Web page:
ATAS Reverses Restrictions on Emmy Speeches
James Hibberd, TV Week
The Academy of Television Arts & Sciences board of governors voted Monday night to not restrict the speeches of writers and directors winning awards during the Sept. 18 Primetime Emmy Awards telecast.
The decision reverses an April announcement that nominees in the six prime-time writing and directing categories would have to prepare pre-taped remarks, which would be played as the winner walked to the stage. Sources said writers and directors upset about the decision had made threats, including not preparing tapes, preparing tapes that mocked the Emmys and boycotting the telecast.
"Some of the initial assumptions were not accurate in light of the way the show was being constructed," the academy said in a statement. "In effect, the amount of time being saved was not as much as originally thought, and the costs incurred would be in excess of original projections."
The reversed plan was the result of viewer focus-group research seeking ways to make the awards more exciting.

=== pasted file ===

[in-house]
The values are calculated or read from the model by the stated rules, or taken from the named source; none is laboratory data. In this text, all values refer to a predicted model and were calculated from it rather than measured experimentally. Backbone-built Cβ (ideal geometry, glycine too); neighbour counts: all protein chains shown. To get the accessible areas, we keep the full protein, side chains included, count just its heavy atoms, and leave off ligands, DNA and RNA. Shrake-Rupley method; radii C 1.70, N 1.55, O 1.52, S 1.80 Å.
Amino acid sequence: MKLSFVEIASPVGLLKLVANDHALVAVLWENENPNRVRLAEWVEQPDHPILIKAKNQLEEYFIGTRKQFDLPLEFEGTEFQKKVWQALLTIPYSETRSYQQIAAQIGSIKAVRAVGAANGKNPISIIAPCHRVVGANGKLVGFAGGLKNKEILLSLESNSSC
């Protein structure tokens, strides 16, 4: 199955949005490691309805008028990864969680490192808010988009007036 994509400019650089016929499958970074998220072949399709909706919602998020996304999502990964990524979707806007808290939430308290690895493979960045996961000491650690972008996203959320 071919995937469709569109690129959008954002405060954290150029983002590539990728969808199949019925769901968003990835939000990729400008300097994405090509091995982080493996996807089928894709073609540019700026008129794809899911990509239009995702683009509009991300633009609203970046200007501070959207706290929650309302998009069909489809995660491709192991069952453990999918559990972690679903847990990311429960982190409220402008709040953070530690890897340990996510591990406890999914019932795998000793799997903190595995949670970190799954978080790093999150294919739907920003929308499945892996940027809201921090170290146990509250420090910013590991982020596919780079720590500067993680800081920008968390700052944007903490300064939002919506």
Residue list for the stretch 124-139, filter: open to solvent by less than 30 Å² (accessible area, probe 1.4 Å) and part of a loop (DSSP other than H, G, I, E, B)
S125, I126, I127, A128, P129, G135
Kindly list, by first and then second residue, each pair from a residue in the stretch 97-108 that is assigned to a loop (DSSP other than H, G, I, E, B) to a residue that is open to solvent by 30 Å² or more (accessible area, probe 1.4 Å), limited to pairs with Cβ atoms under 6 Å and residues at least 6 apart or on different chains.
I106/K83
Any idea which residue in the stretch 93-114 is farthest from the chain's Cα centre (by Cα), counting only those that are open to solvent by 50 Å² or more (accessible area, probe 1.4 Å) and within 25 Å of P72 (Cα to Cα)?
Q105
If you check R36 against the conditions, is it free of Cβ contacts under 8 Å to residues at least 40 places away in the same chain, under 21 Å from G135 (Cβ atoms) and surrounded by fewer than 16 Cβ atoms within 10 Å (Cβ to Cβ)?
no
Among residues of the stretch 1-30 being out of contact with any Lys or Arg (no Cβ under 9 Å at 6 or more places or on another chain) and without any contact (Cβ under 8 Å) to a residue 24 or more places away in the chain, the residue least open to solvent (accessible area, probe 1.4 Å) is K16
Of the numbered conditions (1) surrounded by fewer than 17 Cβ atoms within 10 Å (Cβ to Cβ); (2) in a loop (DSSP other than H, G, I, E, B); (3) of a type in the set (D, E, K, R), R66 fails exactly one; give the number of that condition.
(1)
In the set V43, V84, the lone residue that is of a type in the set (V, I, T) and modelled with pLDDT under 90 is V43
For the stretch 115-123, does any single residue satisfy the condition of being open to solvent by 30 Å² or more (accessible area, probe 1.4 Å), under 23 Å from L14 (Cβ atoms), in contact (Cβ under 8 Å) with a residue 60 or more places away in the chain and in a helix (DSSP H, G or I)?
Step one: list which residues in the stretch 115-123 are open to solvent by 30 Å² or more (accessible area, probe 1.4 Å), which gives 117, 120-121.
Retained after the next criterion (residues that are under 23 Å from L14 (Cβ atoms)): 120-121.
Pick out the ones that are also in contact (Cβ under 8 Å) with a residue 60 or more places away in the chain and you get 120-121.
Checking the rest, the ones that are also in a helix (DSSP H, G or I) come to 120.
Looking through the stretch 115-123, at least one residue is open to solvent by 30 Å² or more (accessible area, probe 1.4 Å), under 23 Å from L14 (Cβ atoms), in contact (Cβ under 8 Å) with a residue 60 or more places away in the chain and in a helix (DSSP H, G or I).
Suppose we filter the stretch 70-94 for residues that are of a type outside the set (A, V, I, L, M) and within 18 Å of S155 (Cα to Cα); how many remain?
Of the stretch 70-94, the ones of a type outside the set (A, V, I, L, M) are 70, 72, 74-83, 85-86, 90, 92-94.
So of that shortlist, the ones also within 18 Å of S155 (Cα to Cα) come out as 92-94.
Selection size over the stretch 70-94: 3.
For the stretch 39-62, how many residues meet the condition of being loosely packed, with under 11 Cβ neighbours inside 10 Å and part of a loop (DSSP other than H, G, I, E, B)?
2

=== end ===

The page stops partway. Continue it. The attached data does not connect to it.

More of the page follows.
The 2004 broadcast was seen by 14 million total viewers, the second-lowest-rated Emmy awards in history. Last month, Grammy Awards producer Ken Ehrlich was tapped to executive produce the ceremony, taking the reins from veteran Emmys producer Don Mischer.
Peter Jennings: Reporter, 8-10 p.m. (EDT), Wednesday, August 10 on ABC-TV.
David Brickman will be doing his fifth art criticism spot on WAMC (90.3 fm) Thursday, August 11 at 11:07 a.m. The topic will be the local art scene as represented by several summer art shows in Albany. By the way, for the out-of-towners it is possible to listen online at wamc.org (live only - not archived)
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